Sony hack is serious
After nearly three weeks of embarrassing leaks involving business correspondence and personal data, Sony Pictures Entertainment announced on Wednesday it would not go ahead with its planned Christmas Day release of “The Interview,” a fictitious comedy that depicts an assassination plot against the leader of the North Korean regime.
For Sony, it was a decision the company had hoped would start the end of a massive headache, one that has severely impacted its business operations and connected its brand name with one of the largest cybersecurity breaches against a private corporation in history.
The decision not to release “The Interview” as planned has brought mixed reaction: Everyone, from Hollywood to Washington, seems to have an opinion as to what Sony should have — or should not have — done in response to the compromise.
On Friday, the Federal Bureau of Investigation announced it had singled out North Korea as the instigator of the attack, something that had been rumored since late November when a shadowy group calling itself the “Guardians of Peace” began leaking intimate data from Sony’s computer network. So far, no one has been specifically singled out as the cyber assailant, but federal investigators seem confident that North Korea had some involvement due to the types of malware used in the attack as well as a pattern of behavior that rings similar to past hacks that were blamed on the regime.
The attack was the dominant topic at U.S. President Barack Obama’s year-end press briefing on Friday, with journalists inquiring more about Sony and “The Interview” than on diplomatic relations with Cuba, race in America or even the recently-released Senate brief on CIA torture. Obama seemed almost happy to oblige those questions, telling reporters that he felt Sony had made “a mistake” by announcing the postponement of “The Interview,” suggesting it set a precedent as to how companies might respond if similar attacks occurred in the future.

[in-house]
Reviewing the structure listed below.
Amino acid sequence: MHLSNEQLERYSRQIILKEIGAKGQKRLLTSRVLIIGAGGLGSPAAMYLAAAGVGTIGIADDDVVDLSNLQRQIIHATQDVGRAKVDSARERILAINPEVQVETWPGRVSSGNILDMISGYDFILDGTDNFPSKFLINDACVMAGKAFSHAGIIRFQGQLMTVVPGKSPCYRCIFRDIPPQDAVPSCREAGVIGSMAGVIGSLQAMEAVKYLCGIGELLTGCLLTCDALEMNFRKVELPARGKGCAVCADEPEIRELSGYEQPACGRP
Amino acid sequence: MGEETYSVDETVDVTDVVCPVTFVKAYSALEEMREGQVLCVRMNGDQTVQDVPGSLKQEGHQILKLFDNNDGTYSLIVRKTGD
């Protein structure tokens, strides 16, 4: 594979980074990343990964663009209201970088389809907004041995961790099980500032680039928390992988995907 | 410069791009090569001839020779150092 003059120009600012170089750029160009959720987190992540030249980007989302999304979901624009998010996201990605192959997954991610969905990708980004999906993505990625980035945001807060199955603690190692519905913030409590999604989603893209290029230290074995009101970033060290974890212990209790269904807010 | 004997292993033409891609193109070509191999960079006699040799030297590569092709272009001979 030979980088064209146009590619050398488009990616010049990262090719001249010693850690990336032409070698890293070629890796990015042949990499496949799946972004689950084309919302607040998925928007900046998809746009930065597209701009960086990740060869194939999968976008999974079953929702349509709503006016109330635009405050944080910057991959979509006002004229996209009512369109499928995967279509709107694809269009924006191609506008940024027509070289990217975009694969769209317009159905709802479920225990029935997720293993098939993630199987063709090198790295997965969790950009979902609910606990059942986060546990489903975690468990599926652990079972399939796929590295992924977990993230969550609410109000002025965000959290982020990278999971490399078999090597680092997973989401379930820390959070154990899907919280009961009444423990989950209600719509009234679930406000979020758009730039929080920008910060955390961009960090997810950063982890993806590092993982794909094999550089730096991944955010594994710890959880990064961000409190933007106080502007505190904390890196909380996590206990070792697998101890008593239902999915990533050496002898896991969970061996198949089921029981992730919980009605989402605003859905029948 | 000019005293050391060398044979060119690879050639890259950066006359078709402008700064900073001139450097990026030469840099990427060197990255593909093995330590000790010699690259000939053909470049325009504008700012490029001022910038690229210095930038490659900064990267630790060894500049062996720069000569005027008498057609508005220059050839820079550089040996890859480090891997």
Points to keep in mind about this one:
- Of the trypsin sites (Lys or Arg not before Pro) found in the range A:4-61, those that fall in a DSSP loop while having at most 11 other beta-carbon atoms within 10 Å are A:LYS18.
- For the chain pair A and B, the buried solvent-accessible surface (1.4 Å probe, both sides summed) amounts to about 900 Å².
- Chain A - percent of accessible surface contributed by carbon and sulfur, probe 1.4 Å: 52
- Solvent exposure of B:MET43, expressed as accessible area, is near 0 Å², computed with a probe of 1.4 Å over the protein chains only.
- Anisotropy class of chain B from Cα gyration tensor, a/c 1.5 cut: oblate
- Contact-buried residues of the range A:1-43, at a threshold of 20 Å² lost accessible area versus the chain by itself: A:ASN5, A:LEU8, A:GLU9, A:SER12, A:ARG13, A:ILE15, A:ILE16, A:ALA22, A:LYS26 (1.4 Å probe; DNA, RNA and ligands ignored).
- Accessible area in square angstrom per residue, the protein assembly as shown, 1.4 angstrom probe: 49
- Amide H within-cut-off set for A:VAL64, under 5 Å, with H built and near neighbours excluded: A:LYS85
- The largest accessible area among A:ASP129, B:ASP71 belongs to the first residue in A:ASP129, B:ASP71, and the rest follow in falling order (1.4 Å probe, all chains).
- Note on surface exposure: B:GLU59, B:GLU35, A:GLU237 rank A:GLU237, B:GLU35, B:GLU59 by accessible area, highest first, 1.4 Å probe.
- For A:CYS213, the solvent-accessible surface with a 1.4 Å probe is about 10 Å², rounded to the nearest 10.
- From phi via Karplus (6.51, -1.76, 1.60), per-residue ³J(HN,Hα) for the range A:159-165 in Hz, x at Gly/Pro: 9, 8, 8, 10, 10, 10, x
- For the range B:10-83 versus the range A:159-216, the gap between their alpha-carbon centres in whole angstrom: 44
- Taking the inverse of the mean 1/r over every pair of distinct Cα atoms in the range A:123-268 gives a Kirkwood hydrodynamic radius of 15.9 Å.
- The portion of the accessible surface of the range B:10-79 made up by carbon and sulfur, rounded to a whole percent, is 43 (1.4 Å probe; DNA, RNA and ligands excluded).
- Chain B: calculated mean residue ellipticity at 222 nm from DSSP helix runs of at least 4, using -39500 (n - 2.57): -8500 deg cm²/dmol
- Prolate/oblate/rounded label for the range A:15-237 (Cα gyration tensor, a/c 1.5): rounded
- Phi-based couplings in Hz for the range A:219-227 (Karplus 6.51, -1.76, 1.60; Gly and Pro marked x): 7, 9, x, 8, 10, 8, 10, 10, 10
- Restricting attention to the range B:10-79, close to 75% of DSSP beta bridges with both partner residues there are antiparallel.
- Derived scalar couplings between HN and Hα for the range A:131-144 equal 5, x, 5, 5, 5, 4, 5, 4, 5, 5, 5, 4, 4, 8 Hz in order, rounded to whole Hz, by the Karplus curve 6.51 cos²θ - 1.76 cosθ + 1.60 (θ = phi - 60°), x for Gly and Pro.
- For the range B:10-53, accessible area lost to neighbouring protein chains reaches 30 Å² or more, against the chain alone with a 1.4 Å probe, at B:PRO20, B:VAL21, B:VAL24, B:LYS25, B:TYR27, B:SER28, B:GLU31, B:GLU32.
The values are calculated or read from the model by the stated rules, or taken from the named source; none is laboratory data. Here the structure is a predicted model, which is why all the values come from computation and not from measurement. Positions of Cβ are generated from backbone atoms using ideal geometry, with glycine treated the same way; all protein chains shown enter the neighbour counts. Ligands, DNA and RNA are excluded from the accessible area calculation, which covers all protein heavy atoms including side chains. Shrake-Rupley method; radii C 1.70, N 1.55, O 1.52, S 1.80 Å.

“We cannot have a society in which some dictator someplace can start imposing censorship here in the United States,” Obama said. “If somebody is able to intimidate folks out of releasing a satirical movie, imagine what they start doing when they see a documentary that they don’t like, or news reports that they don’t like.
“I wish they had spoken to me first,” Obama earnestly said. “I would have told them, do not get into a pattern in which you’re intimidated by these kinds of criminal attacks.”
Sony’s chief executive denied the company surrendered to hackers, saying the press had been mistaken in reporting that the company had taken a hard stance against a future release for “The Interview” (a spokesperson told Variety on Wednesday that the studio had “no further plans” to release the movie, but stopped short of saying it would never release the film). Sony CEO Michael Lynton, whose own corporate e-mails were leaked by hackers early last week, said the company is actively pursuing other platforms on which to release the film — but doing so requires the cooperation of third parties.
“To date, we don’t have any takers — neither on the video demand side nor on the e-commerce side,” Lynton said. “People have been generally fearful about the possibility of their systems being corrupted, and so there have been a lot of conversations about the robustness of various systems to be able to make sure they’re not hacked, if and when we put the movie out digitally.” (On Sunday, the New York Post reported that Sony is exploring the possibility of giving the movie away for free on its streaming video service Crackle, although the company has yet to confirm this itself.)
What should Sony do now?